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My uncle is currently going through his 1974 Nova and replacing/upgrading parts. Not the best pics but this is the car.

He wants to go from an open diff 10 bolt to 12 bolt "Posi" rear end. I told him from what I understand the Truetrac is better. The car is just a cruiser, no drag racing or anything. Currently has a 350 in it but may upgrade to a 383 stroker.

Anyway, any idea what the correct stud size is for his stock drums? He doesn't have a caliper and I am helping him remotely. I assume the first bolt pattern is correct for his car?

Also on gear ratio any recommendations? He doesn't drive it very far so doubt it will be going 70 on the highway for very long at all but he doesn't want too aggressive of a gear ratio. Maybe stock or a notch or two more aggressive. Any suggestions? He said all he cares that it's a 12 bolt and has "positraction" or equivalent. Any help is appreciated as obviously we are not rear gear dudes. Lol

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may be talk to ' Miles ' . . . . . . member name = JBimmolate = " The Resident Differential Guy "

or several other great SNS members should check in . (my rear-end is stock = I need too loose weight)

alot of guys use the 3.73 ratios . . . on the street . What type trans - does he have ?

jim
 
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I think you have the first 2 answered for a stock bolt pattern and stud size. If you go longer it may require open ended lug nuts but its not a huge issue. For gears, I think a 3.42-3.55 is an all around good driving gear.
 

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The 8.5" 10 bolt in his 74 is just about as strong as a 12 bolt. I would not waist money on replacing it with a 12 bolt for the way you say he will be driving it, even with the 383 upgrade. Just put a good posi and gears in it, and maybe some good traction bars. Use the money saved on other things
 

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The 8.5" 10 bolt in his 74 is just about as strong as a 12 bolt. I would not waist money on replacing it with a 12 bolt for the way you say he will be driving it, even with the 383 upgrade. Just put a good posi and gears in it, and maybe some good traction bars. Use the money saved on other things
We called a local axle place here in San Antonio. Said the 10 bolt isn't compatible with truetrac, but he said a positrac is. Said he can tear into it and give us a better cost estimate before proceeding but he said $1500 should cover it. You think that's an OK ballpark price?
 

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The 8.5" 10 bolt in his 74 is just about as strong as a 12 bolt. I would not waist money on replacing it with a 12 bolt for the way you say he will be driving it, even with the 383 upgrade. Just put a good posi and gears in it, and maybe some good traction bars. Use the money saved on other things
Also new Moser 12 bolt with truetrac is about 4K delivered. We agree, overkill for a cruiser. Money would be better spent on other upgrades.
 

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The 8.5" 10 bolt in his 74 is just about as strong as a 12 bolt. I would not waist money on replacing it with a 12 bolt for the way you say he will be driving it, even with the 383 upgrade. Just put a good posi and gears in it, and maybe some good traction bars. Use the money saved on other things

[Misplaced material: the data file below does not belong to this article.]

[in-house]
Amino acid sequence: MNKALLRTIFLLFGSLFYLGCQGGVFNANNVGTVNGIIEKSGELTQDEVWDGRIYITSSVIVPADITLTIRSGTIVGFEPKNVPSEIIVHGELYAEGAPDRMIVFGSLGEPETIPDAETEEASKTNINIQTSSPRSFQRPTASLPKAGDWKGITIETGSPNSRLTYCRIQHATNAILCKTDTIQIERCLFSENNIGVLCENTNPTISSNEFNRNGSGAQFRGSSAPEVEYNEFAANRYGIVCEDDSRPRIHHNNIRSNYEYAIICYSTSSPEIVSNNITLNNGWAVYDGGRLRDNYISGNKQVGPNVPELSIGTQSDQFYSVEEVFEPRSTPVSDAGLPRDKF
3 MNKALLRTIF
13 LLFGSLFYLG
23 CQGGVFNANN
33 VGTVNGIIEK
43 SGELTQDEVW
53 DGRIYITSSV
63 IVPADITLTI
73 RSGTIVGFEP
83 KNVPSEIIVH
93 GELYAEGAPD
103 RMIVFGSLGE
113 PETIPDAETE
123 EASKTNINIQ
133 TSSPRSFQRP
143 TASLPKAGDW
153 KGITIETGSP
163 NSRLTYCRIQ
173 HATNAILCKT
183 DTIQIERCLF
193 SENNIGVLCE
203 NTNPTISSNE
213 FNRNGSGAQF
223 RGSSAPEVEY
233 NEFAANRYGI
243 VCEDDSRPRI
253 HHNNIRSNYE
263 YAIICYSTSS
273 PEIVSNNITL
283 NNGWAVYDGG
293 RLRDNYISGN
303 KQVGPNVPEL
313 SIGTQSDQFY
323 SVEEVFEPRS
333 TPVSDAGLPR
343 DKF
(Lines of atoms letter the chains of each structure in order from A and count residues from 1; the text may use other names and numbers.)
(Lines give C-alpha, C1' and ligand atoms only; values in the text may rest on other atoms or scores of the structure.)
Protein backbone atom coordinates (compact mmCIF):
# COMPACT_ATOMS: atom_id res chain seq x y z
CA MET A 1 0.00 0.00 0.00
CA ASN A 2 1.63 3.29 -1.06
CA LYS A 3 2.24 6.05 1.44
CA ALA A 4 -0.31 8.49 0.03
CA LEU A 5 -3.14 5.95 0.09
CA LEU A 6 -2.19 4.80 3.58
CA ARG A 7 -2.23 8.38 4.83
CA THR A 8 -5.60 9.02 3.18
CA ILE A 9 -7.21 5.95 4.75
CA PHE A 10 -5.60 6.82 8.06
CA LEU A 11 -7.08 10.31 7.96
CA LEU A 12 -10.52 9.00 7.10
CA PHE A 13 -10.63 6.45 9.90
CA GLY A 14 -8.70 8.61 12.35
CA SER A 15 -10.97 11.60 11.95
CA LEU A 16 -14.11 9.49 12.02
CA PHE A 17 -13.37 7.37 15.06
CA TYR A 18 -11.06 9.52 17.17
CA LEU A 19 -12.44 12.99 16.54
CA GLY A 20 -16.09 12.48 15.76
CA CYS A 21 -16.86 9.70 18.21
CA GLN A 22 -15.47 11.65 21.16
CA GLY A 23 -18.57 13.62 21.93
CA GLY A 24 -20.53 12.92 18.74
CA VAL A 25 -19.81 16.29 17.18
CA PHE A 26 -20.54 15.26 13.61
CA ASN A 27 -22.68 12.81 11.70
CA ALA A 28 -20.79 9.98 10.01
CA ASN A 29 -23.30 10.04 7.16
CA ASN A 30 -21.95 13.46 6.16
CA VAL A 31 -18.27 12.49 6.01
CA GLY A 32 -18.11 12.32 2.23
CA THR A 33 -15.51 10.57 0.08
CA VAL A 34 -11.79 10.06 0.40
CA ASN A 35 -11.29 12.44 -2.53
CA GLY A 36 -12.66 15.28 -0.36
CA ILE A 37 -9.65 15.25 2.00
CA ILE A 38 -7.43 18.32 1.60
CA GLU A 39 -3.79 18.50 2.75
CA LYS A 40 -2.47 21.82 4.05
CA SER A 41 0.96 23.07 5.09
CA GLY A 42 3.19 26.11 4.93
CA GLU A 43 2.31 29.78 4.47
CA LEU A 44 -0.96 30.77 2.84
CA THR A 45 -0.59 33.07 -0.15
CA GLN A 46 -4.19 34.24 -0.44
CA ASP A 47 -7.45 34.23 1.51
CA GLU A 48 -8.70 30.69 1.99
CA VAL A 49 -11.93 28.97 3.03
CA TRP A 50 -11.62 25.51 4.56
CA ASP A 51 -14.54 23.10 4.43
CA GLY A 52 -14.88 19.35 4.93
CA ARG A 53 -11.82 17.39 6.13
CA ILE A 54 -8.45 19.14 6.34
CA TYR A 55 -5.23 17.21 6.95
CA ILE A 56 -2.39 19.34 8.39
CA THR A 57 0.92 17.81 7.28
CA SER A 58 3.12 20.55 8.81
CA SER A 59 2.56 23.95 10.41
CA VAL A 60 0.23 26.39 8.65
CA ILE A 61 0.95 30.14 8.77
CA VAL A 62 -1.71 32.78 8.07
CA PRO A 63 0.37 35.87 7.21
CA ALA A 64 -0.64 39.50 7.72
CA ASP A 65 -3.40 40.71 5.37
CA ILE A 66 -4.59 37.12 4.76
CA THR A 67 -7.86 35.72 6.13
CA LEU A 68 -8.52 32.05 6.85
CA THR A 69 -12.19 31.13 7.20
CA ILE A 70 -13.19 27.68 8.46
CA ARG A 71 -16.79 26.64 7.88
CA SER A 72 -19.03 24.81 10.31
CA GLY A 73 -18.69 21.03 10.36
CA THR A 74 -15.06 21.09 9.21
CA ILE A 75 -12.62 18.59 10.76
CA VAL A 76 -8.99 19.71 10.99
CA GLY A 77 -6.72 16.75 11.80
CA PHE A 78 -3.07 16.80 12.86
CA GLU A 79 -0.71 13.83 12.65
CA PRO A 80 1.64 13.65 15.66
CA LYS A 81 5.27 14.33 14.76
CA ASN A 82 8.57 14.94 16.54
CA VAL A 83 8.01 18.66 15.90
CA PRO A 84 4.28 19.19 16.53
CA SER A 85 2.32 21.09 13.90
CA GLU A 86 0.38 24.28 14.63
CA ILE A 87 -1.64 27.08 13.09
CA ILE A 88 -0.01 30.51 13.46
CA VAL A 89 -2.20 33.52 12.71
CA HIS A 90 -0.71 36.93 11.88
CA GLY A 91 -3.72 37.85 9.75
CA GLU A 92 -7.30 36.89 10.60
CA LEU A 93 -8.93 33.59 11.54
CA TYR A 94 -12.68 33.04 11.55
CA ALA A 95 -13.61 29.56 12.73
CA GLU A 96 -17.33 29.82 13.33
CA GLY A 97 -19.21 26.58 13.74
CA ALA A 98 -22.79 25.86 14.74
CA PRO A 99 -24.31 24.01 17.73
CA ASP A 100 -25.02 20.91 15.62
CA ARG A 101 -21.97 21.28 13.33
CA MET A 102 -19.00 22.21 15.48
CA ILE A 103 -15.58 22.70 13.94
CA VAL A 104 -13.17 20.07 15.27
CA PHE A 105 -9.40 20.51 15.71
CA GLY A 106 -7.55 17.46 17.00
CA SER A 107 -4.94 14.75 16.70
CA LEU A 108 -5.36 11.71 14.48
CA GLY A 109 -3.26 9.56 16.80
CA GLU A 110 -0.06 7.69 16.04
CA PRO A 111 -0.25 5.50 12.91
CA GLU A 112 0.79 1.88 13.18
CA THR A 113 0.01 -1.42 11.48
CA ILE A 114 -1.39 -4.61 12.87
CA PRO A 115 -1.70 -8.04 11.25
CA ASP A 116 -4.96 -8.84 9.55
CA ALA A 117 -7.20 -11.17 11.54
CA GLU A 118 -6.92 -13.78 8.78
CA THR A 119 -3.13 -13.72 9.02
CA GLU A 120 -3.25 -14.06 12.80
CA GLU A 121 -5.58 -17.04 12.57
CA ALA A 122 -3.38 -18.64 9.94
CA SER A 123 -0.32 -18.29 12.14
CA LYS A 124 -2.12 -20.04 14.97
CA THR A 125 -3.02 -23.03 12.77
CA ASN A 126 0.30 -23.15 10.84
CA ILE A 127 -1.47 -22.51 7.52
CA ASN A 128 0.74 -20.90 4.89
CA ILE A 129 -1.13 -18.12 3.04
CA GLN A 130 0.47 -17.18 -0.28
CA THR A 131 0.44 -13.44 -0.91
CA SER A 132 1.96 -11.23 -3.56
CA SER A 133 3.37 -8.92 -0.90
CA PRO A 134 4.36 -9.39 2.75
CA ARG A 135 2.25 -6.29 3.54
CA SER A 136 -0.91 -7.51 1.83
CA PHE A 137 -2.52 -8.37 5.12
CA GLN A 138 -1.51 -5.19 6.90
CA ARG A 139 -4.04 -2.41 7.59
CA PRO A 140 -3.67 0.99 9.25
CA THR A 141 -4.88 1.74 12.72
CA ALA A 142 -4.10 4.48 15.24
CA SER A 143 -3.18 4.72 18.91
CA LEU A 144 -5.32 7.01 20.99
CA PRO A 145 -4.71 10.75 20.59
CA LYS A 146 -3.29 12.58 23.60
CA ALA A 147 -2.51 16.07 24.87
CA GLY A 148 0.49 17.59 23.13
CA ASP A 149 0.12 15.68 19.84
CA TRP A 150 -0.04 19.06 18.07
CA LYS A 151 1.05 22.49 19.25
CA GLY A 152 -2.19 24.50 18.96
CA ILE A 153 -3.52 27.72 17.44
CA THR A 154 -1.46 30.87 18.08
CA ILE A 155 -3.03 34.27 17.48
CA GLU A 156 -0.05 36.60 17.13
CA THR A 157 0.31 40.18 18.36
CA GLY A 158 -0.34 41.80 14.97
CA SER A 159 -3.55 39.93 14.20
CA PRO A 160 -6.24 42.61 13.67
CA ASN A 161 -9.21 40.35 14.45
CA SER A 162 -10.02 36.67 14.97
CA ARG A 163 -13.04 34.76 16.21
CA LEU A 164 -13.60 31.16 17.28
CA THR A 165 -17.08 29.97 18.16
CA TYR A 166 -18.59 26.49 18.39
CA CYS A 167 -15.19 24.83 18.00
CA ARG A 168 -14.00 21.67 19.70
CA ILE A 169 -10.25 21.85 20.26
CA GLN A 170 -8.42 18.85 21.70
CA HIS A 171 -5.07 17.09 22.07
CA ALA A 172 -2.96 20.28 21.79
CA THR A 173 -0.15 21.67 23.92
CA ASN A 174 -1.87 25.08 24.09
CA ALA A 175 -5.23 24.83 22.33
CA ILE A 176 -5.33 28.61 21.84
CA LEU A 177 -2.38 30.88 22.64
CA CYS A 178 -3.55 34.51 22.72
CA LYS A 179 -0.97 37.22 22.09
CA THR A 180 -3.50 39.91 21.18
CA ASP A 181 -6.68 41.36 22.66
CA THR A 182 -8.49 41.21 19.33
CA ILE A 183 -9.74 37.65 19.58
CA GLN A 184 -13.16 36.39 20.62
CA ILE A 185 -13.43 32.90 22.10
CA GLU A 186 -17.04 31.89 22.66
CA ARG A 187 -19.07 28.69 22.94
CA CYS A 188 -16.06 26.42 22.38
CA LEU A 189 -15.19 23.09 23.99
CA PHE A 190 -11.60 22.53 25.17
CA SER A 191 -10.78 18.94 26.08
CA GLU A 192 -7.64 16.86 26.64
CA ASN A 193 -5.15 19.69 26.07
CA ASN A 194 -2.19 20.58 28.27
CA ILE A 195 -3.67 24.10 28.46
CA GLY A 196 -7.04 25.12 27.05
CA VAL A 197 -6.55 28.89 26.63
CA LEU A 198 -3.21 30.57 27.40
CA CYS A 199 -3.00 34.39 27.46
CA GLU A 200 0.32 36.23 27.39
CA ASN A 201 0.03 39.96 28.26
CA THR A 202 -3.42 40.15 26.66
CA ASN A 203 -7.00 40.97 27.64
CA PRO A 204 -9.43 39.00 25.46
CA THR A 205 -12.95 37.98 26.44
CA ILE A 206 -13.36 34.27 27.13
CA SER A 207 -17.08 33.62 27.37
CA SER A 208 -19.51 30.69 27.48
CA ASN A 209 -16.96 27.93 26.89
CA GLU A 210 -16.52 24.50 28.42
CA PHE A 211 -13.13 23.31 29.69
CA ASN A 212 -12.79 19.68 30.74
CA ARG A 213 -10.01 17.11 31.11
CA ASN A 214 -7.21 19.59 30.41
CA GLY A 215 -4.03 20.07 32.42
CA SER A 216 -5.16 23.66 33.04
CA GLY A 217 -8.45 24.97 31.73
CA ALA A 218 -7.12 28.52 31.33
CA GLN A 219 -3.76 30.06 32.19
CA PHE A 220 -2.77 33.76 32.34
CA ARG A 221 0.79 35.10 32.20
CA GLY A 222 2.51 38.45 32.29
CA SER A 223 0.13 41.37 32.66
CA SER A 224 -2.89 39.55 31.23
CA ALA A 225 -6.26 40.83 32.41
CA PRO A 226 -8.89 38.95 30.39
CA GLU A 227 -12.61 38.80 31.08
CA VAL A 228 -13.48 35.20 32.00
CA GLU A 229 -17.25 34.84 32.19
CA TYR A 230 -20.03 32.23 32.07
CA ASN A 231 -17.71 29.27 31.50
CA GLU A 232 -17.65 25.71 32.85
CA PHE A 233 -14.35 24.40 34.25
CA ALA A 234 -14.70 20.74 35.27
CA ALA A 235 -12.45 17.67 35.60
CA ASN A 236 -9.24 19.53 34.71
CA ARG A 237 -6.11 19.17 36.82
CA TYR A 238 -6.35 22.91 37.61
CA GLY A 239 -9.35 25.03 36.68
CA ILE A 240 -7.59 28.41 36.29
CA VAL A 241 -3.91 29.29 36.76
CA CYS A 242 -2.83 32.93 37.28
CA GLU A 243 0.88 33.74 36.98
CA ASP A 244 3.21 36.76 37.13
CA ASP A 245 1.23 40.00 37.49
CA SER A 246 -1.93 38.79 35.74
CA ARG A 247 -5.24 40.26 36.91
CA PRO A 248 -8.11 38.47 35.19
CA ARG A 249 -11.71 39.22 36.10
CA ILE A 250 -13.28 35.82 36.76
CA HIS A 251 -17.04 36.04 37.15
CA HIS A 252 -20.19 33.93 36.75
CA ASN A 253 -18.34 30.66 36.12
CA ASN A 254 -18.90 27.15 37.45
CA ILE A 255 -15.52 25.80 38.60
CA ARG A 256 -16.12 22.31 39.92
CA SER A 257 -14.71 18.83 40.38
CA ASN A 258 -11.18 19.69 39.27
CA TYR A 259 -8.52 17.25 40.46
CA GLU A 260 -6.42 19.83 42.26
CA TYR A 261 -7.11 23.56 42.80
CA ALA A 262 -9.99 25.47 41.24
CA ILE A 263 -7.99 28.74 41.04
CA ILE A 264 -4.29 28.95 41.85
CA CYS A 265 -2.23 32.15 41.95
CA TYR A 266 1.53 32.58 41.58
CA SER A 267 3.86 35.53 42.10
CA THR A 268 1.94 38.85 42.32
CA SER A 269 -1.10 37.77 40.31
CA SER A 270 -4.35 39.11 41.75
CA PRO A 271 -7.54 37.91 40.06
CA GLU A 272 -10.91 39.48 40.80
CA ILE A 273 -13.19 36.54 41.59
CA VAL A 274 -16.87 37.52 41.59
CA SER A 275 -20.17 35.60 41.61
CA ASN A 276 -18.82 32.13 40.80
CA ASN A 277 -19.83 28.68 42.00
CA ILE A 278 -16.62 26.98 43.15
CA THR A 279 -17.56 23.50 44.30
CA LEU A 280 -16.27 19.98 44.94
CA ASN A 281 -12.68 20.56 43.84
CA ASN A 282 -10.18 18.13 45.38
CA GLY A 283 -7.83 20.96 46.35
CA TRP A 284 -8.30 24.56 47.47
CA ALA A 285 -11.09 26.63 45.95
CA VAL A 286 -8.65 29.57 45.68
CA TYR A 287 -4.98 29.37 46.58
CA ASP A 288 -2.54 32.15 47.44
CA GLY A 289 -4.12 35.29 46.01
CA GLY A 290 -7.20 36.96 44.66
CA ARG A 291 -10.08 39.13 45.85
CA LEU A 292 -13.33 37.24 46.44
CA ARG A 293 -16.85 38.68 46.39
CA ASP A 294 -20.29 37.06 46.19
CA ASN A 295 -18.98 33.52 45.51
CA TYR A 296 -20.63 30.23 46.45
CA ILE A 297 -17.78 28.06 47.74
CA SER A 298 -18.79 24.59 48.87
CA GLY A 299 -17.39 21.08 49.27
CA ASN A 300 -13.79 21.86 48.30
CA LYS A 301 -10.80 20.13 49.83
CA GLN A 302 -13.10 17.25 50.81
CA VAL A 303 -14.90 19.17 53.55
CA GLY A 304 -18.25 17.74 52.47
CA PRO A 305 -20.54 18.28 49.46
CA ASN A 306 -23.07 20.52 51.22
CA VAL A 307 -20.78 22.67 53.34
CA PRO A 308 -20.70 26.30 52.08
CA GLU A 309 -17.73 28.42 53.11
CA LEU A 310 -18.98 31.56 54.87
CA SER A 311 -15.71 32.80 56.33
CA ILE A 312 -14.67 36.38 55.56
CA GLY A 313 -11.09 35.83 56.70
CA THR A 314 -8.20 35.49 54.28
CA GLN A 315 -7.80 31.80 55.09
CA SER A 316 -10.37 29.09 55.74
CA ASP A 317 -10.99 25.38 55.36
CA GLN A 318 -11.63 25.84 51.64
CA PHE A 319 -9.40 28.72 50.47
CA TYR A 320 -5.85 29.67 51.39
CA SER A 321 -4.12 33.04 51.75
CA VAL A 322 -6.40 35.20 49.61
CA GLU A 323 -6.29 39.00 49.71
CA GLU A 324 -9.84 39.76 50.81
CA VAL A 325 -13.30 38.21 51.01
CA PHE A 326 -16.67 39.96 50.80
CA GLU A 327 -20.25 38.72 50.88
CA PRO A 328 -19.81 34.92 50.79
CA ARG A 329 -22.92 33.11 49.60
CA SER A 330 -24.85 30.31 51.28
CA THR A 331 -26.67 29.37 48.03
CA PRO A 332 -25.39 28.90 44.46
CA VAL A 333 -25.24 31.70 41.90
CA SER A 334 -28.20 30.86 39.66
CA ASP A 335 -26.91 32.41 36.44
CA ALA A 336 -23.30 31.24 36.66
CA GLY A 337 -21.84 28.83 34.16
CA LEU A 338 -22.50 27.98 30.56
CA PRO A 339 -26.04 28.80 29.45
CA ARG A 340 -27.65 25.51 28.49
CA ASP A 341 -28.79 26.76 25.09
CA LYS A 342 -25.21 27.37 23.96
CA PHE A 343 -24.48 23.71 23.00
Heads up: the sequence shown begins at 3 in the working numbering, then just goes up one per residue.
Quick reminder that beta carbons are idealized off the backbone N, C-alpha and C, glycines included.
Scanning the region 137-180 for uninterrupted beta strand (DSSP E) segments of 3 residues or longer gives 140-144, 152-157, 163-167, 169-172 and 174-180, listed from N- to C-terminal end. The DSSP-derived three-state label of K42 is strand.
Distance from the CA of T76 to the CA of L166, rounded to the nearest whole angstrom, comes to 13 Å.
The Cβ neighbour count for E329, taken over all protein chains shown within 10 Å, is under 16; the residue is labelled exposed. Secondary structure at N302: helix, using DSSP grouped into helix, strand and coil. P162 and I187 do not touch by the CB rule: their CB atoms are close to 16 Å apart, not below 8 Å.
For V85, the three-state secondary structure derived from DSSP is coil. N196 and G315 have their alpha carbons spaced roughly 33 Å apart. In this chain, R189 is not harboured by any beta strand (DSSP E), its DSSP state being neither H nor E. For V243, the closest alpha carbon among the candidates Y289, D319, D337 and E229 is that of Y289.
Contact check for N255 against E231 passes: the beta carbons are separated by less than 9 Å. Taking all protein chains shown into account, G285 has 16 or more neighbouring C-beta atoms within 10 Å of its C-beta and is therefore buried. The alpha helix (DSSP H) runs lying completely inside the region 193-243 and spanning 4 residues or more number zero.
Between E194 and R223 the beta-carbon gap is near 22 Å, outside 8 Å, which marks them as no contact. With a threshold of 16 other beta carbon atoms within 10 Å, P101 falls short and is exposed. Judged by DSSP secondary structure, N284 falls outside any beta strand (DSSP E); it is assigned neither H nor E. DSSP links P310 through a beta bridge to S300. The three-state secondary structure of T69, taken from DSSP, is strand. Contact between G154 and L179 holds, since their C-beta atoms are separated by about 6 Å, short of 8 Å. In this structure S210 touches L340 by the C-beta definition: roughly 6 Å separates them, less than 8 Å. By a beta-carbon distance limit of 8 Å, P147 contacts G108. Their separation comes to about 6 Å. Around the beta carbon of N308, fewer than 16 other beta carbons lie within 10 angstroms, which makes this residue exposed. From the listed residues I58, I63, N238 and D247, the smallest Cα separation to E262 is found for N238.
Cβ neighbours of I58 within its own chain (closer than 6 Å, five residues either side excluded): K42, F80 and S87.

Yep, I agree...I run a low 11 second 1/4 mile '72 Nova with a '73 8.5" 10-bolt in it...shoe box full of timeslips with it and have not hurt it.
It is currently getting an upgrade from stock 28 spline axles to Dutchman 30 spline(like a 12-bolt) and a spool so I don't break the original stuff trying to go faster.

Denny's Driveshaft is one source for a helix gear/torsen style diff like the Trus-Trac, but you have to also upgrade to 30 spline axles if you want to use one....it is made for the current 8.5/8.6" rear GM uses, that is why it is only available in 30 spline. If your plans already include new axles for the 8.5" 10-bolt, might as well go 30 spline when you do and then you can use this.
It's called a Trac-Rite, from American Axle(AAM)

Stock wheel studs were 7/16"-20 x 1.25" long.
The longer 2-3/4 to 3-1/2" long stuff is typically used for racing where rules say the stud must protrude into the hex portion of the lug nut when using aftermarket wheels.
 

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Also, you can use stock '68-72 Nova 12-bolt replacement axles if you have the shop trim 1/16" of thickness off the c-clip button on the end of it, to make it match the thickness or the 10-bolt axle button.
 

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so is he running a 2.73 or worse gear at the moment?...a posi with a 3.55 would be a big improvement for a 160 hp motor if it makes that much ...if he goes 383 at 350hp ...got to change the converter also to let it spin up a little so it doesn't blubber
 

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Yep, I agree...I run a low 11 second 1/4 mile '72 Nova with a '73 8.5" 10-bolt in it...shoe box full of timeslips with it and have not hurt it.
It is currently getting an upgrade from stock 28 spline axles to Dutchman 30 spline(like a 12-bolt) and a spool so I don't break the original stuff trying to go faster.

Denny's Driveshaft is one source for a helix gear/torsen style diff like the Trus-Trac, but you have to also upgrade to 30 spline axles if you want to use one....it is made for the current 8.5/8.6" rear GM uses, that is why it is only available in 30 spline. If your plans already include new axles for the 8.5" 10-bolt, might as well go 30 spline when you do and then you can use this.